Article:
Quotes by: Rashid Johnson
Rashid Johnson at the Rubell Family Collection in December 2008
||Columbia College Chicago
School of the Art Institute of Chicago
||Painting, Photography, Film and Sculpture
||Chicago, Illinois U.S.
I started rereading 'The Dutchman' - I kind of just pulled it off the shelf.
When I was young, I remember feeling a real thirst for opportunities around the arts, for learning about how artists function and how institutions work.
As an undergrad at Columbia College in Chicago, I came across 'Boondocks,' and then I watched the 'Boondocks' television show.
My composition often goes toward the black middle class or the black super-wealthy or strong historical black figures.
The whole ability to look at the complexity of race and any sort of associated -ism and still find humor, that's a very interesting space.
The way that light hits objects in life, three-dimensional objects before you photograph them, is really the story of photography.
I wanted my art to deal with very formal concerns and to deal with very material concerns, and to deal with antecedents and art history, which for me go very far beyond just the influence of African-American artists.
My mother introduced me to more academic-minded writers, Cornel West and Skip Gates. In her library, I came across, when I was very young, Harold Cruse's 'The Crisis of the Negro Intellectual,' which is like a bible of Negro intellectuals from Frederick Douglass to Amiri Baraka.
When I was younger, I remember there was a really famous book, and it was called 'The People Could Fly.' And so this idea of, kind of like, black characters kind of jumping into space and kind of the challenge that they presented to gravity I thought was really interesting.
Race, class, childhood experience, the books I found on my mother's bookshelf, the albums I found in my father's basement - these things are all part of who I am and will always be a part of my work.
My father ran a CB radio business. I grew up in a cluttered space that was filled with radios and antennas. It felt alien.
My father owned a small company, called Gundel Electronics, where he did community band radio and some repair stuff.
I've always had an interest in complicating the way that we perceive the black character, whether it's the black academic or scholar or activist or black intellectual.
I say that I suffer from what Rosalind Krauss was calling the post-medium condition, where an artist essentially employs several mediums in order to bring to life whatever specific ideas that they have. For me it's always been that way.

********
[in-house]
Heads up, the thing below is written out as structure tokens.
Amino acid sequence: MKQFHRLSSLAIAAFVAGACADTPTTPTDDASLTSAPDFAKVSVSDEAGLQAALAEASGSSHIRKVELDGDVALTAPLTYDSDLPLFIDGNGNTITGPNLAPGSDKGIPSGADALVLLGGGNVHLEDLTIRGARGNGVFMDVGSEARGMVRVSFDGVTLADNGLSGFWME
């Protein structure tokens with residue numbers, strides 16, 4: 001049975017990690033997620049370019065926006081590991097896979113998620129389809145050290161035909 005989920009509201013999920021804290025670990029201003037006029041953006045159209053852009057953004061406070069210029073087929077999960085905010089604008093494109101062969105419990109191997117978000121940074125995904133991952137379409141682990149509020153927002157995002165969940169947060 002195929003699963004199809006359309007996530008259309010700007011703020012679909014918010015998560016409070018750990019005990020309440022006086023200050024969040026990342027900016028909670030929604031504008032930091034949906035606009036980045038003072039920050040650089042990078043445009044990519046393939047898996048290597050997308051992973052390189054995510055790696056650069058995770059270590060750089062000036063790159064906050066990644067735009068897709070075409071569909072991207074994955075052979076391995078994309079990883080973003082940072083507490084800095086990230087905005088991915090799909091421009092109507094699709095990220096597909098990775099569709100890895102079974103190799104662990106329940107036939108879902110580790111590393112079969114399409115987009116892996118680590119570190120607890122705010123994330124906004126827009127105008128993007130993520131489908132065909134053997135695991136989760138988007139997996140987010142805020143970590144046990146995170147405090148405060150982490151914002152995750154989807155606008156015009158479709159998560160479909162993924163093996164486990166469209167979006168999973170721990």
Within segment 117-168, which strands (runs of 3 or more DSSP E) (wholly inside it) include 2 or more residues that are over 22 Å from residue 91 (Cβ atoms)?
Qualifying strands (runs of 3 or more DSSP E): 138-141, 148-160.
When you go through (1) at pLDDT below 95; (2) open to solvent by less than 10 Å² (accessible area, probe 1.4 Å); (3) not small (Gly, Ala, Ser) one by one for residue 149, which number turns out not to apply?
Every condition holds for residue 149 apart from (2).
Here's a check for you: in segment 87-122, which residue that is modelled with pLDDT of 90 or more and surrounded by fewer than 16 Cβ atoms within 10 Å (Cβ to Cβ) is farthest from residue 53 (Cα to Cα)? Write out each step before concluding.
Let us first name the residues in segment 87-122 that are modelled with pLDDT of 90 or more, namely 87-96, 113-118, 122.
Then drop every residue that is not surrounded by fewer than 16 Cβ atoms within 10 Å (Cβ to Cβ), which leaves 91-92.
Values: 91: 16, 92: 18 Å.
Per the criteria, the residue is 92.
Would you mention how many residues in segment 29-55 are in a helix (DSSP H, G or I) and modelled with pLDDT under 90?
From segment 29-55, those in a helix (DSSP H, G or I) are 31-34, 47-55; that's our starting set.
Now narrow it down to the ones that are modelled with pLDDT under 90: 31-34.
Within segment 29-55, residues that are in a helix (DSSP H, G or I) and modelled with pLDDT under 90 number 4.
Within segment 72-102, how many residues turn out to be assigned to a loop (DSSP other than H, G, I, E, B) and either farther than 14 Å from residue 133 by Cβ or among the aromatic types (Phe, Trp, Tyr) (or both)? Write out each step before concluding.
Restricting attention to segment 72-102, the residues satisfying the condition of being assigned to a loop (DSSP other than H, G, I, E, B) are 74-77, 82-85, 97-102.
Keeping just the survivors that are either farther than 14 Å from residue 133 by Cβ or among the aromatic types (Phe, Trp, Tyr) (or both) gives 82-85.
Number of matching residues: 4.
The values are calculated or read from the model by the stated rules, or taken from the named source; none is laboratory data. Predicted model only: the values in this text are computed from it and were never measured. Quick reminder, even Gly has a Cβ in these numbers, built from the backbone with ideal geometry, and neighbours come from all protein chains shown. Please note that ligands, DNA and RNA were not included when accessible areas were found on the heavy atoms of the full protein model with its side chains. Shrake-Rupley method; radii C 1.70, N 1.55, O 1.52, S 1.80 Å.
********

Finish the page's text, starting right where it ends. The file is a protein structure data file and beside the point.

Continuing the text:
I have an investment in the signifying aspects of the material as well as an understanding of antecedent bodies of work. That informs the way I make marks and make decisions.
Growing up in Chicago, there was a very particular type of home that would display the black Jesus figure. It wasn't a radical home. You wouldn't find these in a Black Panther house. There's still a strong allegiance to Christianity.
For me, all the materials and objects I employ come from a specific space that's very personal.
I can bring in all these different components, and I marry these components, and I let them get traversed by the viewer, who reorganizes them.
You can really learn a lot from young people and the way they view the world.
I've always been interested in this idea of a privileged life, probably because it's something I hadn't seen much of.
When I was younger, I would see shea butter being sold on the street, and I was interested how people were still coating themselves in the theater of Africanism. You see that in dashikis and hairstyles and music.
I'd begun to collect things that were lying in piles on the floor of my studio. I had run out of space, and I started to build shelves. I turned around one day and realized that that was the vehicle for carrying so many of the things that I was looking at and talking about, so they went from the walls to the works.
I was born in Evanston, about three blocks away from the Chicago border. My mother, at the time, was finishing her Ph.D. in African History at Northwestern University. Soon after my birth, my parents split, and my father moved to Wicker Park, which is on the north side of the city.